The Neuromuscular Disease Network for Canada

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New clinical care recommendations available for cardiologists treating adults with myotonic dystrophy

(le français suit)

Cardiac complications may affect more than 50% of patients with myotonic dystrophy and occur in both myotonic dystrophy type 1 (DM1) and type 2 (DM2). Cardiac conduction system disturbances can have sudden and catastrophic presentations, but are often preventable through proper management. Cardiac surveillance of patients with myotonic dystrophy can therefore be lifesaving, and it is recommended that patients undergo regular screening by a cardiologist familiar with neuromuscular disease and specifically with myotonic dystrophy, if available.

New recommendations aimed at cardiologists treating adults with myotonic dystrophy have just been published in the Journal of the American Heart Association. These recommendations represent expert consensus opinion from those with experience in the management of myotonic dystrophy, supported by literature‐based evidence where available. They have been compiled with the support of the Myotonic Dystrophy Foundation.

The cardiac management of myotonic dystrophy should include annual surveillance for arrhythmias and left ventricular dysfunction. The full clinical care recommendations include a detailed summary of the types of cardiac dysfunction seen in myotonic dystrophy and 15 summary recommendations covering regular monitoring of asymptomatic patients and further investigations and treatments once a patient experiences symptoms. The article is open-access and can be downloaded from the journal website here.

As part of its work plan, NMD4C aims to ensure the latest clinical care recommendations like these are made available to all Canadian healthcare professionals seeing neuromuscular patients and implemented in all clinics. We will review the guidelines to add Canadian context and specifics where necessary and will work with the professional and patient communities to ensure awareness and implementation.

Elizabeth M. McNally , Douglas L. Mann, Yigal Pinto, Deepak Bhakta, Gordon Tomaselli, Saman Nazarian, William J. Groh, Takuhisa Tamura, Denis Duboc, Hideki Itoh, Leah Hellerstein, and Pradeep P. A. Mammen
Clinical Care Recommendations for Cardiologists Treating Adults With Myotonic Dystrophy
Journal of the American Heart Association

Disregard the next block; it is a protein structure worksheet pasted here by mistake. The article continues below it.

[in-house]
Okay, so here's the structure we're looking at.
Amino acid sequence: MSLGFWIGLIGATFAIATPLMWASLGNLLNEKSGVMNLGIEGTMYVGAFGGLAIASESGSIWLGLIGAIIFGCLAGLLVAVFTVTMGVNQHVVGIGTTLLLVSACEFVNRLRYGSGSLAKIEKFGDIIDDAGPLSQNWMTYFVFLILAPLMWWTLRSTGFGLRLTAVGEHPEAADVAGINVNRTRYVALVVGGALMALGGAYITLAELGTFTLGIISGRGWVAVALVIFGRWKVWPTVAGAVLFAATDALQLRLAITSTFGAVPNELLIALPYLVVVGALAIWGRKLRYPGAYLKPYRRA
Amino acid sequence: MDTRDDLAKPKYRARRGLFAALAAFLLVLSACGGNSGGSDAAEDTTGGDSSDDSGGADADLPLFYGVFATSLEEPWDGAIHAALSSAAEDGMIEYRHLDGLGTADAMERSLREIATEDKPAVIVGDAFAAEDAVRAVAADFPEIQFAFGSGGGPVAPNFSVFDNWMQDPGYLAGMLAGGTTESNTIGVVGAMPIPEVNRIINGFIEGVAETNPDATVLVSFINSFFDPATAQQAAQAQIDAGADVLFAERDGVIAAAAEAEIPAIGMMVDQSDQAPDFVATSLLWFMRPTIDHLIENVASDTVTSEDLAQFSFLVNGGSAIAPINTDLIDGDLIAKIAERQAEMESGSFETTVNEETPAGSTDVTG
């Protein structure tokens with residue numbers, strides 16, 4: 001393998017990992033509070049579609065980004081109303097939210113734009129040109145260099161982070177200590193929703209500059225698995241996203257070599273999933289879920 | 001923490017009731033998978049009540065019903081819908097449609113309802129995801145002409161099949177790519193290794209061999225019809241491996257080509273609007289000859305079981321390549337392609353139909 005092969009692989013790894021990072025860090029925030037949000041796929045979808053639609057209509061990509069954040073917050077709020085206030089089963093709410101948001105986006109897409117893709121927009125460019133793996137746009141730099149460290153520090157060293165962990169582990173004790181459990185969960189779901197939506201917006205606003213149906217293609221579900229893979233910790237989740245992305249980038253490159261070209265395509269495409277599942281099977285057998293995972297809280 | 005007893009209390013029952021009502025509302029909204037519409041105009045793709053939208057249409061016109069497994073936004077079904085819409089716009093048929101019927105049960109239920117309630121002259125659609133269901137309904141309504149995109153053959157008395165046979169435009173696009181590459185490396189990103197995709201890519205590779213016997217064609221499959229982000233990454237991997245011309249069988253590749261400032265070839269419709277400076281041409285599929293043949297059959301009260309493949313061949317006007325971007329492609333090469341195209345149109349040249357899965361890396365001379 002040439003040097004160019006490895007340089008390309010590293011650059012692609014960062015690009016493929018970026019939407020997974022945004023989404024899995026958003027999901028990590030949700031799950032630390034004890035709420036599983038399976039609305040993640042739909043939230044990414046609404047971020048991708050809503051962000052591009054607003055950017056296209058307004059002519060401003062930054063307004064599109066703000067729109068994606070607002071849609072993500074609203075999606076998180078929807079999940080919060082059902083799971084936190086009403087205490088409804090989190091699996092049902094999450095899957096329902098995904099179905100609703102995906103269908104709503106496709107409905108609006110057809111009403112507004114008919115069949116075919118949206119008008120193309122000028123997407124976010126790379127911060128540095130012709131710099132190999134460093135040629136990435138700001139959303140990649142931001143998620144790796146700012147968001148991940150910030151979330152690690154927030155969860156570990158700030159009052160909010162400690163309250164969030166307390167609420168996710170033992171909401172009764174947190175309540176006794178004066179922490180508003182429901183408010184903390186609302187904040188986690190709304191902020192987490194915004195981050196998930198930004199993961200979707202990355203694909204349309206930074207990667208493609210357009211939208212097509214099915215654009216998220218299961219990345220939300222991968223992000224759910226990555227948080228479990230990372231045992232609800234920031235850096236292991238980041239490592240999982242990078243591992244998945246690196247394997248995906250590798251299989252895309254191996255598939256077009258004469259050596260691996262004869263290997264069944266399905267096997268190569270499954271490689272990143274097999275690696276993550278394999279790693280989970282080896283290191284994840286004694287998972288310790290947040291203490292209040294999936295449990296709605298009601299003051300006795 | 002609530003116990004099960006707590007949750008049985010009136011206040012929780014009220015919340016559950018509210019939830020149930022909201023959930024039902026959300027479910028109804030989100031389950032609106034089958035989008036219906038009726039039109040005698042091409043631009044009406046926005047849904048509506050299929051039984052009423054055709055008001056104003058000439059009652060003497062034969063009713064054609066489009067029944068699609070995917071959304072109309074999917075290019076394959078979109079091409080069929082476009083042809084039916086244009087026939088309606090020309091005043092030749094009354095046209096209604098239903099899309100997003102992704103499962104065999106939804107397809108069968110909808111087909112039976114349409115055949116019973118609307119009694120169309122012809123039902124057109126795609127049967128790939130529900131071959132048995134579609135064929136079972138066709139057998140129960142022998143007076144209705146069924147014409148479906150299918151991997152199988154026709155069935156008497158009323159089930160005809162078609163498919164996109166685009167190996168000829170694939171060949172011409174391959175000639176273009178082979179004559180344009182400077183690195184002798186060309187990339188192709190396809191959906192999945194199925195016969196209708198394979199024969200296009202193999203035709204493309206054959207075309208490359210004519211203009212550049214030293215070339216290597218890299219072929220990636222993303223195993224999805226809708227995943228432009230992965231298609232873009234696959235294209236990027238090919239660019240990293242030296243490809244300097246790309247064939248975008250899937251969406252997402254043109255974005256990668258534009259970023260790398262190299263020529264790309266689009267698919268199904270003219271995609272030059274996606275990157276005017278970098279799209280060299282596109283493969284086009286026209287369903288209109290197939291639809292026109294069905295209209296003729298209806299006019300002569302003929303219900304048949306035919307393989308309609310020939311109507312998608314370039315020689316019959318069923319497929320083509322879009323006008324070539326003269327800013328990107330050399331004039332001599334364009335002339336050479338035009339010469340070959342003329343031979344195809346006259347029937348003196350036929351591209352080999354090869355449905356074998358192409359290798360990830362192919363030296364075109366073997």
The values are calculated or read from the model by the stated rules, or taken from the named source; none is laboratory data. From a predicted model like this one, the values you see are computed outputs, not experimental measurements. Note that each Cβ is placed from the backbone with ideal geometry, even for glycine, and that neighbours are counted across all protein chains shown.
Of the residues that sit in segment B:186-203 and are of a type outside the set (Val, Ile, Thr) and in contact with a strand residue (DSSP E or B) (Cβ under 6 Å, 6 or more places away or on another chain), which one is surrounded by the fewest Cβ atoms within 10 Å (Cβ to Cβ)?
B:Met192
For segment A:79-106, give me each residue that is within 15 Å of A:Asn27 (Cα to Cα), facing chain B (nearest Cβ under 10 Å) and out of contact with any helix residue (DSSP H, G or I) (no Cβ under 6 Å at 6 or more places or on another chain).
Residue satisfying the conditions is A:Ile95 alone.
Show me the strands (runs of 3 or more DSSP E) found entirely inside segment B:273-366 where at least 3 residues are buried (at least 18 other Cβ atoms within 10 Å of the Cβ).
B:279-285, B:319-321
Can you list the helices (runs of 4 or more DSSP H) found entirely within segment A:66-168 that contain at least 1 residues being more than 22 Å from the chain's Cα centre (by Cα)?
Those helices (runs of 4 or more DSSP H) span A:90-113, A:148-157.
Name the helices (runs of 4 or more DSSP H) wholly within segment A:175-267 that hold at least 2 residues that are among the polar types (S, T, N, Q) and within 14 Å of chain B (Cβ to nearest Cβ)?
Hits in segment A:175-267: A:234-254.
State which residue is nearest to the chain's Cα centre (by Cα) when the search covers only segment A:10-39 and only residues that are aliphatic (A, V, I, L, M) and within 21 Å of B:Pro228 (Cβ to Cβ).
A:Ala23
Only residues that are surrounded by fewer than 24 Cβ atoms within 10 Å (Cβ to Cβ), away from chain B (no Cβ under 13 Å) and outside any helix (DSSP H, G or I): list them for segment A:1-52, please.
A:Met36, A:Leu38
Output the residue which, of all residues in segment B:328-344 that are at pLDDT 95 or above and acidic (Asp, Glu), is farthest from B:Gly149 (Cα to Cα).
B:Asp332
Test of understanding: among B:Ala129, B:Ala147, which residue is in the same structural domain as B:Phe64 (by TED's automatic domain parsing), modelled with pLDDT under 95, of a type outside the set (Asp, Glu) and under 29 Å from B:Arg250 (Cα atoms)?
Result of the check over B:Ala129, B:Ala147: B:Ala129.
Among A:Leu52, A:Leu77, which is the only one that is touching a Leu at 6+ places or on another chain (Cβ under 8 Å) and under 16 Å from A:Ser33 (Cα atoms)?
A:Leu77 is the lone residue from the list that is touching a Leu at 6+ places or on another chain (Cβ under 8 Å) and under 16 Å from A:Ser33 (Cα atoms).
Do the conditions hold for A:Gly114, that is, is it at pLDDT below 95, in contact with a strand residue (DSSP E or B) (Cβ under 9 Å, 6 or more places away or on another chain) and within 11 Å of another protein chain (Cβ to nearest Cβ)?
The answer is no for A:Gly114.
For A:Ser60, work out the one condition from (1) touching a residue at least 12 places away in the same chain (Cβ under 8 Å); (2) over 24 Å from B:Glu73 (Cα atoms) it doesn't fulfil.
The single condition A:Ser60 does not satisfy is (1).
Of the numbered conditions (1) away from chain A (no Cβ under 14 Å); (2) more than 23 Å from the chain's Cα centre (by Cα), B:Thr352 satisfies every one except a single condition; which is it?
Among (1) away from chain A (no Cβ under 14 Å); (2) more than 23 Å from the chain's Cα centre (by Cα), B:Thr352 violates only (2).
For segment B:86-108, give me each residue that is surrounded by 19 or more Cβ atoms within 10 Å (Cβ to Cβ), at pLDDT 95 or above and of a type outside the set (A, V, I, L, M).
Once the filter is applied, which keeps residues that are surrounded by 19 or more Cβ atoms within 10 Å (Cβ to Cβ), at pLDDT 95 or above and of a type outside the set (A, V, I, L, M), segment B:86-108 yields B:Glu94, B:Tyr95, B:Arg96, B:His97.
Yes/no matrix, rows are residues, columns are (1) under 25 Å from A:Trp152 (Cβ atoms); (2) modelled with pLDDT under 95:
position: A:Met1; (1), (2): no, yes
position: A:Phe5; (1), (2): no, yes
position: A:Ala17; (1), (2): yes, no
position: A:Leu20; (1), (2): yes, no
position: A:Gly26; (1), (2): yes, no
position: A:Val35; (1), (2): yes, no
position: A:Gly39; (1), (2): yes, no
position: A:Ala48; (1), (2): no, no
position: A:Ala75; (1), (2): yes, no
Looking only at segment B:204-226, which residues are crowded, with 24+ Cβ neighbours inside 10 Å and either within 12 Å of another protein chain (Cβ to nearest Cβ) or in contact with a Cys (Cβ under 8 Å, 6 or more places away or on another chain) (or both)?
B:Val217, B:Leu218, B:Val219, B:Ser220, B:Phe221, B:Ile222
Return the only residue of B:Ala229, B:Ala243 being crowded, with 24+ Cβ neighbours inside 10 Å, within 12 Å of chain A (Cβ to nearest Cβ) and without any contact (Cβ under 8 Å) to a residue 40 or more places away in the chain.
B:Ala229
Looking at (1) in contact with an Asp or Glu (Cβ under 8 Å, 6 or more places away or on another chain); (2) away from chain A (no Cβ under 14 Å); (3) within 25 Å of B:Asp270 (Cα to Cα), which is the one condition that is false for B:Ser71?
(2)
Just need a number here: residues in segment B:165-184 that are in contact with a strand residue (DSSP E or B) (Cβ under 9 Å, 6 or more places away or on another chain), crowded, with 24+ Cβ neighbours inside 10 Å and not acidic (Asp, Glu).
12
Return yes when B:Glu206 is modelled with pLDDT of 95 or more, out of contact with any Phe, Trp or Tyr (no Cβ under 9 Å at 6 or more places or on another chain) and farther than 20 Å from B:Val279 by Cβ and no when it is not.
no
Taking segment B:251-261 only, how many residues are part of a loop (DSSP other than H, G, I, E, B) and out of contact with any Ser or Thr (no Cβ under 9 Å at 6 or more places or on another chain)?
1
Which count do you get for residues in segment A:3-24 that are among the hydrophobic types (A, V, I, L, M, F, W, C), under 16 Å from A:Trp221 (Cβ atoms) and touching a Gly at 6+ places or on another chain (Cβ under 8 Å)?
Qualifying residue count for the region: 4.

Volume 9, Issue 4, 18 February 2020
https://doi.org/10.1161/JAHA.119.014006

De nouvelles recommandations de soins cliniques sont disponibles pour les cardiologues traitant les adultes atteints de dystrophie myotonique

Les complications cardiaques peuvent toucher plus de 50% des patients atteints de dystrophie myotonique et surviennent à la fois dans la dystrophie myotonique de type 1 (DM1) et de type 2 (DM2). Les perturbations du système de conduction cardiaque peuvent avoir des manifestations soudaines et catastrophiques, mais sont souvent évitables par une prise en charge adéquate. La surveillance cardiaque des patients atteints de dystrophie myotonique peut donc leur sauver la vie, et il est recommandé que les patients soient régulièrement examinés par un cardiologue connaissant bien les maladies neuromusculaires et plus particulièrement la dystrophie myotonique, si possible.

De nouvelles recommandations destinées aux cardiologues et s’adressant aux adultes atteints de dystrophie myotonique viennent d’être publiées dans le Journal of the American Heart Association. Ces recommandations ont été établies par un consensus d’experts ayant une expérience dans la prise en charge de la dystrophie myotonique et soutenues par des évidences scientifiques lorsque disponibles. Elles ont été développées avec le soutien de la Myotonic Dystrophy Foundation.

La prise en charge cardio-respiratoire chez les personnes atteintes de dystrophie myotonique devrait inclure une surveillance annuelle des arythmies et des atteintes du ventricule gauche. Les recommandations complètes comprennent un résumé détaillé des types de dysfonctionnement cardiaque observé dans la dystrophie myotonique et 15 recommandations sommaires couvrant la surveillance régulière des patients asymptomatiques ainsi que des examens et des traitements supplémentaires lorsqu’un patient présente des symptômes. L’article est en libre accès et peut être téléchargé sur le site web de la revue ici.

Dans le cadre de son mandat, NMD4C vise à promouvoir les dernières recommandations de soins cliniques comme celles-ci en les mettant à la disposition de tous les professionnels de santé qui traitent des patients atteints de maladies neuromusculaires et favoriser leur implantation dans toutes les cliniques neuromusculaires. Nous examinerons ces lignes directrices pour y ajouter le contexte de pratique clinique canadien si nécessaire et nous travaillerons avec les professionnels et les patients pour optimiser leur diffusion et leur mise en œuvre.

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